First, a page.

Count Zero/Neuromancer – William Gibson
I know these are two books, but I couldn’t decide which one I liked better and well, dammit, it is my list and I’ll do what want. I first read them in highschool and I was blown away by William could make prose move fast, and his imagery continues to be poetic to me. His characters were all so real and fantastic at the same time – and they went beyond the hero/anti-hero dichotomy into something much more nuanced and real. He would later be quoted as saying, “The future is here, it’s just not evenly distributed.” These books were my first glimpse into what the future could be and what issues I’d wrestle with.
The Four Agreements – Don Miguel Ruiz
I read this early on when I was trying to wrap my head around what spirituality means to me. It started a little corny, and there were a few eye rolls in the first chapter. But as I kept reading, it just made so much sense. It still remains one of the clearest explanations I’ve found of the emotional effects of the unspoken contracts we make with ourselves and those around us. Even though he’s a Native American shaman, his work feels very Buddhist to me and I find it one of the easiest ways to contemplate the idea of living with intention.
Stumbling on Happiness – Daniel Gilbert
When we look back at the book trends of the 1990s and 2000s, it will be very apparent that it was a time perfect for scientists who could take the research being done in universities and tie it into our daily lives. I could have just as easily put down books by Ariely, Gladwell, or Levitt. And I love them all; because even when I don’t think they are always spot on with their analyses, I think it’s important to ground our understanding of how we operate with the research of the day. I especially liked Stumbling on Happiness because I have an overactive mind, and I think too much about trying to be happy and making good choices. At least now I have some scientific underpinnings to my search.
To Kill a Mockingbird – Harper Lee
I’m not sure if I hated injustice before the 8th grade… but I sure did afterwards. I was so mad during the courtroom scene when I knew that Tom Robinson was innocent. And then I remember being scared when Scout was running through the field at the end of the book, and feeling profoundly sorry for Boo Radley. All of these emotions from a book! It showed me the power of literature to teach and of story-telling in general; a lesson that I have tried not to forget in my professional and personal life.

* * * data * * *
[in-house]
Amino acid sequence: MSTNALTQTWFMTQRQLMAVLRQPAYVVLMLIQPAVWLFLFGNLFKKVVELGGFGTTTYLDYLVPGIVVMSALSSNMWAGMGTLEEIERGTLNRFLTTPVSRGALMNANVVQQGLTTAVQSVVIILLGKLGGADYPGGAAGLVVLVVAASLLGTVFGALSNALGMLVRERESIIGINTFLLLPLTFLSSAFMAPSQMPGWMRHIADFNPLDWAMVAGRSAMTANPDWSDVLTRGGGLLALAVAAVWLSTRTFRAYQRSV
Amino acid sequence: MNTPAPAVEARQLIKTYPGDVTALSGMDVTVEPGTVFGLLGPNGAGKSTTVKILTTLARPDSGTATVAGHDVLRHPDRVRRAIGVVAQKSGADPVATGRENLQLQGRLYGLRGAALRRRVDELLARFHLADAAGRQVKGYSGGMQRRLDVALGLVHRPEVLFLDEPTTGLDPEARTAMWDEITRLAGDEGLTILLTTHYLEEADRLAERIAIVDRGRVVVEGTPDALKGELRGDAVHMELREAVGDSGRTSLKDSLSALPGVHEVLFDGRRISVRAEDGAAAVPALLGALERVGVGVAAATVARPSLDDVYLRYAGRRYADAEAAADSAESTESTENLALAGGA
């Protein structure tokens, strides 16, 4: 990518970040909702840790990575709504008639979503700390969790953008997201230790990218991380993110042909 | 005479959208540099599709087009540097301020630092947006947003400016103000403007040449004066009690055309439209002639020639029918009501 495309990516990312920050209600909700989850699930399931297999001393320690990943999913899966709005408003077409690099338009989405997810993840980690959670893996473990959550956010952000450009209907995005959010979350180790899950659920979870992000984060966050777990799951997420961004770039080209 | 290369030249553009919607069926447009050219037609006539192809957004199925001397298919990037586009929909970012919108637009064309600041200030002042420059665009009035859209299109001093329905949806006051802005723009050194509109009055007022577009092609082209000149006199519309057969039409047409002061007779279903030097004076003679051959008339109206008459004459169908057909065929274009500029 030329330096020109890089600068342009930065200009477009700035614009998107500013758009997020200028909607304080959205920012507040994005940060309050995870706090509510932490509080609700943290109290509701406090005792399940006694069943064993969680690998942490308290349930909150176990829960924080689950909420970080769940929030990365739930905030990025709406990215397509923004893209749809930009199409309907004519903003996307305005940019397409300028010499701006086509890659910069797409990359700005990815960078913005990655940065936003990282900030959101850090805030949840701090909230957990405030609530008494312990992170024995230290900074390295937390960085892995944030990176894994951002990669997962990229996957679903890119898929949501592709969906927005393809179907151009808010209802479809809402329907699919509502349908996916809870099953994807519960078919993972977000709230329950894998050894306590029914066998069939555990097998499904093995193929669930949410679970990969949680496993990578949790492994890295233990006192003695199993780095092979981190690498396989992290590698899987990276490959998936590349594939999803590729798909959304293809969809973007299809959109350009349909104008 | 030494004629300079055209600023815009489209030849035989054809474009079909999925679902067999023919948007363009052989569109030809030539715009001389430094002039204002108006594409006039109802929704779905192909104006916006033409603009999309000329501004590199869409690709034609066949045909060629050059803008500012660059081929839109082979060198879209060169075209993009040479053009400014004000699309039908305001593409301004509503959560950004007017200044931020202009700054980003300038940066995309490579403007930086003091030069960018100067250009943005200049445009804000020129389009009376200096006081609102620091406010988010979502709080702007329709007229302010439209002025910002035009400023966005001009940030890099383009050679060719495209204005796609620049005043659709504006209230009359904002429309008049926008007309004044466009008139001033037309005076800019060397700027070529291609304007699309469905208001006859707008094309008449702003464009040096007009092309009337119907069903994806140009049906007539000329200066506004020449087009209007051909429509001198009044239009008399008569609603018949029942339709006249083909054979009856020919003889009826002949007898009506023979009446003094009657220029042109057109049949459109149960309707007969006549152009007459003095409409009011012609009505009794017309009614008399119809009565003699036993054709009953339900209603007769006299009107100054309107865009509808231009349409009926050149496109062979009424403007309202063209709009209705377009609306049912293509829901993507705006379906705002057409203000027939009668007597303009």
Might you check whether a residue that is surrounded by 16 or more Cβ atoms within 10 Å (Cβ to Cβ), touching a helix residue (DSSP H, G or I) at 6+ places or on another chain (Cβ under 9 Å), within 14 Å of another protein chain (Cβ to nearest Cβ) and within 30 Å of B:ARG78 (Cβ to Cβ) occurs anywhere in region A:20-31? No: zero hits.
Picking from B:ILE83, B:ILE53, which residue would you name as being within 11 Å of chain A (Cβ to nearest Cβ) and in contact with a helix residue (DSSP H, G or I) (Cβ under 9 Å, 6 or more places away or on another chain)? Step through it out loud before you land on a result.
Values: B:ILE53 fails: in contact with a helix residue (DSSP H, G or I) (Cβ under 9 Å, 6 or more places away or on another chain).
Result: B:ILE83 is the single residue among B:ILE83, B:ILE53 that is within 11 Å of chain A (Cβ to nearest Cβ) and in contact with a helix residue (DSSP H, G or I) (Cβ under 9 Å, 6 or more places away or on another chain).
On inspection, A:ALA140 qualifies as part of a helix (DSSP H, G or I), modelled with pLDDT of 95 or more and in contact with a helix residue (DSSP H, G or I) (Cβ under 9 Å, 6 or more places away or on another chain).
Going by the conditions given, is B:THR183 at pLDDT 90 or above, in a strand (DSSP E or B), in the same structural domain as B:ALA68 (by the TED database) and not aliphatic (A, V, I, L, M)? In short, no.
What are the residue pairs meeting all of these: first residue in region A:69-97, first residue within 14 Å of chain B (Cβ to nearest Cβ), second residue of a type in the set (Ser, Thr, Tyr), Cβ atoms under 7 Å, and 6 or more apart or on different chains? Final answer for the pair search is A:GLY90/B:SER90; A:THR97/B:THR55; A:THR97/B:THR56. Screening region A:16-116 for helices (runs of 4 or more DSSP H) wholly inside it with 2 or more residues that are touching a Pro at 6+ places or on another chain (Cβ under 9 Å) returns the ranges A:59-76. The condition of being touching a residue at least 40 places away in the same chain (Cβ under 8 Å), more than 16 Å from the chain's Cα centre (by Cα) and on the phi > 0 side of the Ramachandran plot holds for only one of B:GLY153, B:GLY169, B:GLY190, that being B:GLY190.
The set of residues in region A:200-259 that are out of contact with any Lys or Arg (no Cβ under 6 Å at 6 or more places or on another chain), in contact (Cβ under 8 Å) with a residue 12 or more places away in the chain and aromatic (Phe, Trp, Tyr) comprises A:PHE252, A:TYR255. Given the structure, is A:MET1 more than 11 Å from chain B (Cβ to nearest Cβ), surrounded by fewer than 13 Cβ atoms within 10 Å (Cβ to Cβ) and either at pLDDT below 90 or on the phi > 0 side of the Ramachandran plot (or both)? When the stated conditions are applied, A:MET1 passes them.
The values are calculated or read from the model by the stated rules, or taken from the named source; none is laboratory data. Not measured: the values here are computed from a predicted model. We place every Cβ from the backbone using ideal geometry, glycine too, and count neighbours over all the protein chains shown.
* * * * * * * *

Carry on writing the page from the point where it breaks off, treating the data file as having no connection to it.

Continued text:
The Hitchhiker’s Guide to the Galaxy – Douglas Adams
I read Adams over and over again. He’s my version of a Saturday afternoon movie. And years later I still find myself laughing out loud at a part I forgot about. I didn’t realize it when I was reading it for the first time as a teenager, but Douglas found this rare place to hang out: he knew that there was so much pomposity and ego in life, but instead of getting bitter he found it infinitely amusing and worthy of engaging with. He could have been a cynic but instead he became enthralled with people and life. My friend Jeff once said to me, “D., you’re like the Ford Prefect of our group.” It was one of the proudest days of my life.
The Four-Hour Workweek – Timothy Ferriss
I hated busywork in school. When I read this as a young professional, it was the first time I had read an argument about why busywork (low-value activities) is anathema to success- and making no apologies for it. It was also the first book where I distinctly remember thinking, “This chapter is great, but this one here is crap.” I was actively engaging with the author’s ideas and deciding whether or not I wanted to agree. I also learned how to do the most important activities first thing in the morning from Tim – a tool I still use.